CCQ
Speaking of public space and the position of art within it: you have recently published a new book⁠—Culture City, Culture Scape⁠—with Ute Meta Bauer and Khim Ong, on the practice of public art commissioning and community engagement through arts in urban spaces of Asia, which is very different from Germany. Would you like to give us an insight into this new project?

SG
It reflects the project Culture City, Culture Scape, which was part of the Mapletree Business City II, a highly commercial space in Singapore. We cannot compare this to anything like a public art project in Hamburg, which comes out of a different understanding of urban space and how we create art in it. Something that might be interesting in a context where a high percentage of culture is state-governed and state-owned: what does it mean to have the state control the entire cultural field and how do these kinds of engagements create a space to show artistic practices? The artists included were Dan Graham, Yinka Shonibare, Zul Mahmod, and Tomás Saraceno and it showed what is possible in a place like this as they created amazing art works. When the book came out, Centre for Contemporary Art Singapore was closing as an exhibition centre and Substation was also about to lose its building. That showed how this is a necessary engagement in a place where you have no alternatives. There is no free art funding. There is a public art trust, however, through the lens of certain ideas. The state would say: “we would like to have in the larger housing complex art for community-building.” But how can artists answer such a demand? They are autonomous in what they do, but they are not autonomous in the way they would or could apply for such programs because there is already an intention to it. So the project opened a window for giving a larger perspective of other possibilities to works that are very much related to sculptural forms and not process-based or community-based works, which maybe aren’t showing any result in the sense of a materialization or something you can look at, something you can then educate people about.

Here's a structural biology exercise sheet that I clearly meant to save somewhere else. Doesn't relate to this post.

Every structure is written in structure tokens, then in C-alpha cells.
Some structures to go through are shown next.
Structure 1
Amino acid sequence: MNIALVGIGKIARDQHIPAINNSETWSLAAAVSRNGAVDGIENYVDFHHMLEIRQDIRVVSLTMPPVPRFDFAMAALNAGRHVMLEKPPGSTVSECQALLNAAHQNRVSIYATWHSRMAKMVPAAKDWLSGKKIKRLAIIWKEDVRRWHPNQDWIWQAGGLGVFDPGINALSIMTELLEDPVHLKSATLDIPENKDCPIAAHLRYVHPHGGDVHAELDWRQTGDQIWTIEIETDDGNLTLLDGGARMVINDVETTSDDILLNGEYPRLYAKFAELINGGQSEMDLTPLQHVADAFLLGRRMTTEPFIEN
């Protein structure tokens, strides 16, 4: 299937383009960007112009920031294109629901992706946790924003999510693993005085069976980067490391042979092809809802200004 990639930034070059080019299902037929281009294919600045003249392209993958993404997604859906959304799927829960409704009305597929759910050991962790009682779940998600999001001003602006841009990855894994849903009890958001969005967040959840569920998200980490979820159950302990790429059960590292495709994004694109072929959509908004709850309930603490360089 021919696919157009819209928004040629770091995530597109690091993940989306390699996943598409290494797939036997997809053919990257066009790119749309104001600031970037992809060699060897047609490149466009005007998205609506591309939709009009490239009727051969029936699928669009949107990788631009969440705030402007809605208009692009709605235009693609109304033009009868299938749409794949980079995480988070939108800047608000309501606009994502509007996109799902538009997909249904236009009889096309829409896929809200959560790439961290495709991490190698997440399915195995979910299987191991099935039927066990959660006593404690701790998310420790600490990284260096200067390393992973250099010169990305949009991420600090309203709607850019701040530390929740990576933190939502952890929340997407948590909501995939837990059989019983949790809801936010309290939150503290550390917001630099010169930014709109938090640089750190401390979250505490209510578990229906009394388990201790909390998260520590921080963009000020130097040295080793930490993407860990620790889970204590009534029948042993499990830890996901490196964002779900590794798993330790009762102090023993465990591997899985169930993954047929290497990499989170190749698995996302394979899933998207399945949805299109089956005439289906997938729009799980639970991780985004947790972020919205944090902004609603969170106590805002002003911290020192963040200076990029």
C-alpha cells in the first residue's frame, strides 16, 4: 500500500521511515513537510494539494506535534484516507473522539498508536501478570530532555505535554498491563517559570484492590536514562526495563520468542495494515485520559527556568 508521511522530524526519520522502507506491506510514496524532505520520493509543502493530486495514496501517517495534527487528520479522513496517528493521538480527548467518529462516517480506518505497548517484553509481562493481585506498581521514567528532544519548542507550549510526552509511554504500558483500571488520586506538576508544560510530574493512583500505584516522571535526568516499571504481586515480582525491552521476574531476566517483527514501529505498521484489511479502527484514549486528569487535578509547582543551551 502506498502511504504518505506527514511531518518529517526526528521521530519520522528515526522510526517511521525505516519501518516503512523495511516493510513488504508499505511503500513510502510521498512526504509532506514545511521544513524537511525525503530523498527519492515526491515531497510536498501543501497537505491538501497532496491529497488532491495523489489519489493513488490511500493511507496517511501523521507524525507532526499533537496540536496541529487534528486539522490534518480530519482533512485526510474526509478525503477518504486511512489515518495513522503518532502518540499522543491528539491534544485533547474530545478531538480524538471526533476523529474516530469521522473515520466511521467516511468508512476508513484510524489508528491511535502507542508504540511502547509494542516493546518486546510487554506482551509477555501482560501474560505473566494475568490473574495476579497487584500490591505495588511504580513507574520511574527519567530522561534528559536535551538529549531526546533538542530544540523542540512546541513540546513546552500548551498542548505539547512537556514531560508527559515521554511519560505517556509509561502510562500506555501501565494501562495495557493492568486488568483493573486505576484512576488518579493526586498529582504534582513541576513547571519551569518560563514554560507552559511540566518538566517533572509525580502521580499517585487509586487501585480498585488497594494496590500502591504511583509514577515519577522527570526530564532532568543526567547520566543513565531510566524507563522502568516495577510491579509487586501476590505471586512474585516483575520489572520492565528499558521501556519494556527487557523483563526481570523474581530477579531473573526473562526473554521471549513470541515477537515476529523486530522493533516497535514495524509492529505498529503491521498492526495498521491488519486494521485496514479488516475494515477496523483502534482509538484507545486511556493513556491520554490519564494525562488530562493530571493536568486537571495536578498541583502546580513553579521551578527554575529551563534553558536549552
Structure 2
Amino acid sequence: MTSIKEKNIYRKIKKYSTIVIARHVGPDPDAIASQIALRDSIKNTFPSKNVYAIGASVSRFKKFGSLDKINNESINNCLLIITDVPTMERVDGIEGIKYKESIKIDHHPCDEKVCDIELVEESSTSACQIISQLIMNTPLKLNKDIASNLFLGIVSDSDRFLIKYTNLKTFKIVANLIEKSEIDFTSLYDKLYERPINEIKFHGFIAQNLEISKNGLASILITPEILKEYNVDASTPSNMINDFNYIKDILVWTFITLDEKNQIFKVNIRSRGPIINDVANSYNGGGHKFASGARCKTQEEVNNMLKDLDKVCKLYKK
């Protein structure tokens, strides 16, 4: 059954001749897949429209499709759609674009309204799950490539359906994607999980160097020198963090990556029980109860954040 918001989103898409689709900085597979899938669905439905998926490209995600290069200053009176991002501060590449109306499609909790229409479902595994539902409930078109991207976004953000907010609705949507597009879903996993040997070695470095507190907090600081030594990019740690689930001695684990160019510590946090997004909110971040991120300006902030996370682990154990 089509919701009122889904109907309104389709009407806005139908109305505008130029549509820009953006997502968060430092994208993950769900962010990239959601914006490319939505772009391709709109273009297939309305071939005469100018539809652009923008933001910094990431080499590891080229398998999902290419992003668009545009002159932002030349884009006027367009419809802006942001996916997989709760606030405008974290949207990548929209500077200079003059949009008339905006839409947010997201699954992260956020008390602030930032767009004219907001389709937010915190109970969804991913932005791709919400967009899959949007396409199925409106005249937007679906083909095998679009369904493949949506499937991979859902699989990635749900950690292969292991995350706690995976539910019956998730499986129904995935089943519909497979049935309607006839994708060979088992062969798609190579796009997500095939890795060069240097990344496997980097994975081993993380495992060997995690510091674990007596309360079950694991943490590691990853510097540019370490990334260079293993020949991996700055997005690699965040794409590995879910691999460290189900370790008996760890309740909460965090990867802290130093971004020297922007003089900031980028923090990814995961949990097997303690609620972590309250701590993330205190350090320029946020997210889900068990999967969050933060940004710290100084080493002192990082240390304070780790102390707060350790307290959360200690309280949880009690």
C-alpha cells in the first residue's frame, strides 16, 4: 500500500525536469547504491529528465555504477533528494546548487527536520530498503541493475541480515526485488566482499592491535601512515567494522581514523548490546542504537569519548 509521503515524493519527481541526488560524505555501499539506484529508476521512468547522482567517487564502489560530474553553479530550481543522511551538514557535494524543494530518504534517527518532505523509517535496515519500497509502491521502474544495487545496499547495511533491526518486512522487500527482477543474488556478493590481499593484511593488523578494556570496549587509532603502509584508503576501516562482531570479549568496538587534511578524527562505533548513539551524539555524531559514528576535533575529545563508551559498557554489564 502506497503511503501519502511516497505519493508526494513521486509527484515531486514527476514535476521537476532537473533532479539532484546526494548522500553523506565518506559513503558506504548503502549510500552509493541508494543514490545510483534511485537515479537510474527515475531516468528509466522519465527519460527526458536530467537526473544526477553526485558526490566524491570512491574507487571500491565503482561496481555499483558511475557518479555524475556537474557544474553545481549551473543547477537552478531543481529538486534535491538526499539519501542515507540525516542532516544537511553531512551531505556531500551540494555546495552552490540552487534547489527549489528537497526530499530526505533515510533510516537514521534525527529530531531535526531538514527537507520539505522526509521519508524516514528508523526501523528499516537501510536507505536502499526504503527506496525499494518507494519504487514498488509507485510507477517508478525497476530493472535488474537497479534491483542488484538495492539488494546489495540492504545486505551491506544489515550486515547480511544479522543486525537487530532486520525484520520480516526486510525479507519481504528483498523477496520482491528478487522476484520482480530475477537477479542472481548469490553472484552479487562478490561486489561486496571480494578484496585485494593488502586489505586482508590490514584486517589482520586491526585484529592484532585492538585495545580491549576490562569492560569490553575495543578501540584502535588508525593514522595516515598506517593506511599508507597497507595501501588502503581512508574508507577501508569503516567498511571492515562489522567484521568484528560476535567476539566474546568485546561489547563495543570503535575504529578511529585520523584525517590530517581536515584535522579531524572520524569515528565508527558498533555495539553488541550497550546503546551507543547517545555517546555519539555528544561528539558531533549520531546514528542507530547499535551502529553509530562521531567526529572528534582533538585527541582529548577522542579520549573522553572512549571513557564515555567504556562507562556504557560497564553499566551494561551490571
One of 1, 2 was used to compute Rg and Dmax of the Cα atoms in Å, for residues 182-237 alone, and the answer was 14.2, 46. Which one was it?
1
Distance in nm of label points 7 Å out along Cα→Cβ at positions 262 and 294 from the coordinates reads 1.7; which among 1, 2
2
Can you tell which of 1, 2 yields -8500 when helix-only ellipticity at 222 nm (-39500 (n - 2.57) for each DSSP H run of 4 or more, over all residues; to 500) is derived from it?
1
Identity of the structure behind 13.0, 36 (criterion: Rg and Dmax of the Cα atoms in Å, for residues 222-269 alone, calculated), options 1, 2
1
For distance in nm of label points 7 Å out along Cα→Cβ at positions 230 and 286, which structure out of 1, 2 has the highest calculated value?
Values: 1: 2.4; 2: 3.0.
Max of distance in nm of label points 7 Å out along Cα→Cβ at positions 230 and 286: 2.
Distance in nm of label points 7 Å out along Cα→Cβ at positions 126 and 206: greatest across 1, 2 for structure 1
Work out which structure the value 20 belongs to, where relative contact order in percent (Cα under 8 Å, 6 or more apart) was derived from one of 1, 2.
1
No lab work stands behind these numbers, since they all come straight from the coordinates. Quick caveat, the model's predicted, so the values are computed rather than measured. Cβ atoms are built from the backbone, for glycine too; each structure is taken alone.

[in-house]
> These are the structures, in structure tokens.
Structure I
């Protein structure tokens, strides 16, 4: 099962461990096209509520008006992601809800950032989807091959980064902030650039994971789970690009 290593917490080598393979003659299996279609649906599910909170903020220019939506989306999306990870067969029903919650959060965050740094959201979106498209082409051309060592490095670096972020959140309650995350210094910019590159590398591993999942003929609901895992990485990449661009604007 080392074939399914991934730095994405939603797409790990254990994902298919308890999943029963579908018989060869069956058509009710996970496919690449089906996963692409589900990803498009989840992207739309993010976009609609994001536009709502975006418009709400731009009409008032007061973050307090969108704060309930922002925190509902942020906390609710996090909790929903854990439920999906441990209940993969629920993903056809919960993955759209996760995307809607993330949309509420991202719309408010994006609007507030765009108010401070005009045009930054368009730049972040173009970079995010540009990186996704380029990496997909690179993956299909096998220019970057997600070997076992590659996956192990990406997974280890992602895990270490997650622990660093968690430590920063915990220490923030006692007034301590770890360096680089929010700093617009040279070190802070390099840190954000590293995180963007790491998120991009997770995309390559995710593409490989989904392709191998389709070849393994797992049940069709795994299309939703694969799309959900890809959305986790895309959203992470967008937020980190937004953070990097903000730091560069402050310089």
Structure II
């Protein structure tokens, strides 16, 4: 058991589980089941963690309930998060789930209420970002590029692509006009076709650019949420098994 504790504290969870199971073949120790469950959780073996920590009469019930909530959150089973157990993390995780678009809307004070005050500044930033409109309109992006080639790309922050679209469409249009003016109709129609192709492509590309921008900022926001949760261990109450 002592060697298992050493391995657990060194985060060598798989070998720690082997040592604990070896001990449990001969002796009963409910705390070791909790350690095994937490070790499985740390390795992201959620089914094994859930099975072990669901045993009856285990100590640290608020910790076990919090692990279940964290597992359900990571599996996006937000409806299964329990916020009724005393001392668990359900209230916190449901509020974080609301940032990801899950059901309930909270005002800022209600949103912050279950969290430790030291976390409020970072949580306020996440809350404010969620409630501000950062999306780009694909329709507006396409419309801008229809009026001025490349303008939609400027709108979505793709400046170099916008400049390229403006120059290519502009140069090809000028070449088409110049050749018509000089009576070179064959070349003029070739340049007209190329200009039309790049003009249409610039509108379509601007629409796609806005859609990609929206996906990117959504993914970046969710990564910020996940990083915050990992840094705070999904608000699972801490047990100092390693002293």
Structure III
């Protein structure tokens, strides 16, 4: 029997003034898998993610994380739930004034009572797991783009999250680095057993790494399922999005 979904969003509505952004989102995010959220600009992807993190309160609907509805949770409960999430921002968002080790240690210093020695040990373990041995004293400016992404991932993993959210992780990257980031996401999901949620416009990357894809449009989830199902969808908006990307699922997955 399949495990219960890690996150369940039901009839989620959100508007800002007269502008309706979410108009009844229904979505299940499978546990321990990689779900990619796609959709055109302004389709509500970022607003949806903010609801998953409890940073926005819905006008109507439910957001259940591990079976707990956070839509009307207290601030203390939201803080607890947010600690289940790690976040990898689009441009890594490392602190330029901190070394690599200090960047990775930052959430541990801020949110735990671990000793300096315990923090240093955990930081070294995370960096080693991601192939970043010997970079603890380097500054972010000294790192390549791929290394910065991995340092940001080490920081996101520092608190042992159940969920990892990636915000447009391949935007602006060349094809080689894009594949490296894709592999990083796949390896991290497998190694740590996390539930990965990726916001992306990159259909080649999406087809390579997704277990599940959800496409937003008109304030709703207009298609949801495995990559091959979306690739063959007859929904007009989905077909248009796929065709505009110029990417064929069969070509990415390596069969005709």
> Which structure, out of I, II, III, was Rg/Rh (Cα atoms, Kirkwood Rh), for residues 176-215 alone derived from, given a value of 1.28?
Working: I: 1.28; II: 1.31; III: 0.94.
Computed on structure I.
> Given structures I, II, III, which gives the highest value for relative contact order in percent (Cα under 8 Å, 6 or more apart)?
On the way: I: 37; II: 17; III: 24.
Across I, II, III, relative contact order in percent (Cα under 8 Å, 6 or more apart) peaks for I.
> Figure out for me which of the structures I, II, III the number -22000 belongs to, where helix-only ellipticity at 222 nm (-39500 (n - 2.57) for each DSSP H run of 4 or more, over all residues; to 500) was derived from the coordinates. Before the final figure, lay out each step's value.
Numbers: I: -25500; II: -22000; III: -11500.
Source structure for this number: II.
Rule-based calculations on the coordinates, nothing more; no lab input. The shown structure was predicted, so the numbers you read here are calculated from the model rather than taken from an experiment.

I really miss the understanding of cultural places as a form of civic engagement, that you allow people to educate themselves as citizens in these places. I do see a relationship between the politics in place and how these places are observed in an ambiguous way. This is because you need these places also to allow a certain form of criticism, but on the other hand, this criticism is not welcome if it grows and public art is not understood as something that really engages people in a kind of civic education—who am I as a citizen, how do I relate as a citizen? That is really missing and the more they diminish these places, the more they become only representational in the sense of a national gallery. 

CCQ
Maybe this is a good moment to shift to an idea of education in a more formal sense. You have been appointed director of the Summer Academy during the pandemic and now, running the next edition, you certainly must have faced difficulties and challenges related to these unforeseeable circumstances. Can you tell us about these challenges and—potentially—opportunities? What kind of alternative languages are arising now in the educational context and what kind of potential do they carry?    

SG